• Proactively: Screen to identify students whose skill needs that may necessitate the use of these strategies and provide supports to students before they establish more entrenched difficulties and frustrations. Practically speaking, proactive means that we don’t wait; that we provide supports as soon as we possibly can. Proactive approaches can be informed through two processes. First, screening completed at the end of last year or the beginning of a new year will identify students for whom behavioral skills represent a need. Proactive means that the new school year begins with supports already in place within all environments and that all staff members understand and provide the supports. The second opportunity to support students proactively is made possible by the analyses of evidence collaborative teams complete. When the frequent analysis of data indicates that some students need a little more and a little different type of support to be successful, then teams and schools have the opportunity and responsibility to provide these supports as soon as possible. We would use sensory supports like squeezy balls or safe-rocking chairs proactively by beginning the year with these supports in place because we have screened that a student needs them to be successful or because they were used productively last year and we effectively communicated and transitioned from last year’s teachers to this year’s teachers. We cannot, need not, and should not wait to introduce differentiated supports that students up for success behaviorally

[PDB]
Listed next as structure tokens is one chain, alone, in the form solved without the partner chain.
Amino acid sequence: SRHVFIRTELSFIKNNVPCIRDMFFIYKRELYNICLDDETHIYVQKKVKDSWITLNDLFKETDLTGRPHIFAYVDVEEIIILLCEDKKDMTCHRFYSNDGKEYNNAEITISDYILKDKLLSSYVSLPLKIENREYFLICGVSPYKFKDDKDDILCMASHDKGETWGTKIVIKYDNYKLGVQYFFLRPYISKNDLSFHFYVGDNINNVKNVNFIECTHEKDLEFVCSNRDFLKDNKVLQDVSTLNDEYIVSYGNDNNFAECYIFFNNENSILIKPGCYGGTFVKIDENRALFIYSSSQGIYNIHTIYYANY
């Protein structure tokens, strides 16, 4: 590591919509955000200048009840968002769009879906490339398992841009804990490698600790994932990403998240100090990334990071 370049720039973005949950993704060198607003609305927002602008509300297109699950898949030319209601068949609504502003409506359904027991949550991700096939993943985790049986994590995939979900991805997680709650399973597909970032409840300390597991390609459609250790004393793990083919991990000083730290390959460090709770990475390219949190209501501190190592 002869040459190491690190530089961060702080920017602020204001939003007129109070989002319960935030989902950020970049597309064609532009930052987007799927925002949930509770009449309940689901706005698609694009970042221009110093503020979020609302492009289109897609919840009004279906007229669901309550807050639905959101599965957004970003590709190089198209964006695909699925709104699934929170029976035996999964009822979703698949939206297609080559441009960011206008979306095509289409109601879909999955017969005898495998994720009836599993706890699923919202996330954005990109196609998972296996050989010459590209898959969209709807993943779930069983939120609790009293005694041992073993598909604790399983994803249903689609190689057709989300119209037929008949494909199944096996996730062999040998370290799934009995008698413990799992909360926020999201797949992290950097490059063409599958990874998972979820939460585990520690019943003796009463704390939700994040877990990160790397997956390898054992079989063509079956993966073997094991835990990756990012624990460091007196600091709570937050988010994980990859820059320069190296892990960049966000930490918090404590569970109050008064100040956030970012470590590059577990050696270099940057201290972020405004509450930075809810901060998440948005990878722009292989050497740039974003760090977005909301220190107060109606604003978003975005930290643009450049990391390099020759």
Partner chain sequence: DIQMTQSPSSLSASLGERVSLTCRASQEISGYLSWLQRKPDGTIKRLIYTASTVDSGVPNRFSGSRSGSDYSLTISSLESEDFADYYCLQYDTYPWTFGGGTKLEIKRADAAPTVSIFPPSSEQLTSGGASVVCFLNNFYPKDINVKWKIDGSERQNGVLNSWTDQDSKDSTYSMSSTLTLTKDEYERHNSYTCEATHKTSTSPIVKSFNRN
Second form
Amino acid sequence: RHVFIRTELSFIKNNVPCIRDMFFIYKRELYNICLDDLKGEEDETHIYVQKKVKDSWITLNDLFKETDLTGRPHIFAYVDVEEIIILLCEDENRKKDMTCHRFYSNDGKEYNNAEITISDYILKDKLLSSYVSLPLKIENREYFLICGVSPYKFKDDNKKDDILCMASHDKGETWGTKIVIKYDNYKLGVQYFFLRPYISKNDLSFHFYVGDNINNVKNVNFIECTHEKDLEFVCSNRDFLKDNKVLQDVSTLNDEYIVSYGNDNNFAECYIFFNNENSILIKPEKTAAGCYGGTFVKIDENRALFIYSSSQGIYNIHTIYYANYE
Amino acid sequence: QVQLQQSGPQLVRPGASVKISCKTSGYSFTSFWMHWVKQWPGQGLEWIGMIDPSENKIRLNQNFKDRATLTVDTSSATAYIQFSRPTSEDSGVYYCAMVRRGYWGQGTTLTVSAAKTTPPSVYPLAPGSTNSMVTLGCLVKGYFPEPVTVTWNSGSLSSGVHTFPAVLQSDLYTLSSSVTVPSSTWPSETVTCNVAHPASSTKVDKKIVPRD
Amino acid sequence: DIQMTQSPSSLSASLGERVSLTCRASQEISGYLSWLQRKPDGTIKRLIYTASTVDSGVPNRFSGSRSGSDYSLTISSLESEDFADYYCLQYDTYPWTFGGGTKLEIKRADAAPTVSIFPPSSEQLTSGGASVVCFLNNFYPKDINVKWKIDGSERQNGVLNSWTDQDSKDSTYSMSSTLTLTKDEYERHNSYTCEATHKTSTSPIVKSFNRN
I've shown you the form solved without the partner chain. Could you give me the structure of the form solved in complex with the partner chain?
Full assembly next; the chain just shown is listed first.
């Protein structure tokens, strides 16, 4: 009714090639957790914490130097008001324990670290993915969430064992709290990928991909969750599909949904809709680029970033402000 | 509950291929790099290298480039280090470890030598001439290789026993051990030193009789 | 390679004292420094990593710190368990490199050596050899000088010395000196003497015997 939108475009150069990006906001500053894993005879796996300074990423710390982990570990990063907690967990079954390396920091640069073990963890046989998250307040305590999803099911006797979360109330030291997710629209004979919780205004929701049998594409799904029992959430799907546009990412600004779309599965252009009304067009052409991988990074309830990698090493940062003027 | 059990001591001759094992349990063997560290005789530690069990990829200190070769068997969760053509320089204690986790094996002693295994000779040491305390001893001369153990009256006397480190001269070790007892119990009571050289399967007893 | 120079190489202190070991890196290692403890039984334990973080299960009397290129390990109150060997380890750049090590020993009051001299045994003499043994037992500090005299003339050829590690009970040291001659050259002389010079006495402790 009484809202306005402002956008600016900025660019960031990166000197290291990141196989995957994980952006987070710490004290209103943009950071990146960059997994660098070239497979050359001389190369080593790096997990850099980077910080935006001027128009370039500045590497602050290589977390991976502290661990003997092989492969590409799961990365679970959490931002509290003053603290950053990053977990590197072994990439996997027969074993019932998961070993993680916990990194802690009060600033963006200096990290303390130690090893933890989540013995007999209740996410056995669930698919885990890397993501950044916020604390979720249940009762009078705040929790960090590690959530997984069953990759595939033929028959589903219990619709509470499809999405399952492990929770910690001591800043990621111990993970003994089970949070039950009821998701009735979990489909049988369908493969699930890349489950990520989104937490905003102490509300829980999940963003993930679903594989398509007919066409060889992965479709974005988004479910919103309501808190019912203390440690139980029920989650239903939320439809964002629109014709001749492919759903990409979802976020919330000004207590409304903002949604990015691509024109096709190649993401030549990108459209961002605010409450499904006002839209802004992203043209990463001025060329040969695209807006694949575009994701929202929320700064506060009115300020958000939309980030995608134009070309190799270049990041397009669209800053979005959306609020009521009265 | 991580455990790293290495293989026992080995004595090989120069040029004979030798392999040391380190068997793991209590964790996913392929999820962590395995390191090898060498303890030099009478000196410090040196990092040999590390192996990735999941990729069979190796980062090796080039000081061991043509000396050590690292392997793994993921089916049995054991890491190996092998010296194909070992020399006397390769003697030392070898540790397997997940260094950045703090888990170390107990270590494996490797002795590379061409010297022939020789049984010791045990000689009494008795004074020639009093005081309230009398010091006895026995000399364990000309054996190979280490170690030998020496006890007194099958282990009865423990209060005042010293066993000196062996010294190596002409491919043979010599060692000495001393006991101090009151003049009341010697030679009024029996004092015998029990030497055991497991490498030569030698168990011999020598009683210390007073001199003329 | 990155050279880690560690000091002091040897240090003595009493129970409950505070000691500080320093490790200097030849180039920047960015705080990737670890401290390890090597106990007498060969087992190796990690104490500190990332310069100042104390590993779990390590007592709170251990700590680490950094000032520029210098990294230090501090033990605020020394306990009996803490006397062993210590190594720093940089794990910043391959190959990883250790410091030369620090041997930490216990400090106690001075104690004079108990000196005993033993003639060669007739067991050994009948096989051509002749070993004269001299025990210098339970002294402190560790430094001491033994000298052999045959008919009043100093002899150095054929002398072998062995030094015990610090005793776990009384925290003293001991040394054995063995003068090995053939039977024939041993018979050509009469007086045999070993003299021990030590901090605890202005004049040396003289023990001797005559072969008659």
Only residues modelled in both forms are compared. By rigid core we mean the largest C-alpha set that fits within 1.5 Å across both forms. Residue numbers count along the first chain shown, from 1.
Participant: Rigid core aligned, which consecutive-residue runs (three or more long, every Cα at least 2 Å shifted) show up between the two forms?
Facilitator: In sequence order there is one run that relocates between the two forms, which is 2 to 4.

• Positively: Let’s avoid employing these strategies with reluctance and from a deficit point of view; instead, let’s consider them as we would consider the use of differentiation strategies for reading difficulties and communicate a growth mindset. Practically speaking, provide differentiated supports positively means that we do not blame students or their parents for difficulties; rather, we accept, and even expect, that some students are going to need a little more time and an alternative set of supports to be successful. A positive approach also means that we expect these differentiated supports to work and that we believe in every student’s ability to grow. We do not, alternatively, go through the motions of providing supports (that we do not expect to work) so that we can move toward special education assessment and placement. Last, positive means that we provide feedback, recognition, and reinforcement when students are behaving in appropriate, productive ways; we do not only provide feedback (punishment or consequences) when students do not meet behavioral expectations. Using the squeezy balls or safe rocking chairs positively means that this strategy is normalized – it’s normal that students need them and can use them. Such a strategy is not unusual and it is not a punishment, as in “If you can’t settle down you’re going to need to use your squeezy ball.” The use of behavioral differentiation strategies such as these should be as normal as differentiation strategies that we use to ensure students successfully access text in a reading lesson.

It’s inevitable that we will need to provide differentiated behavioral supports within Tier 1 environments for students to meet behavioral and academic expectations, so let’s be ready.

grayscale photo of man lecturing children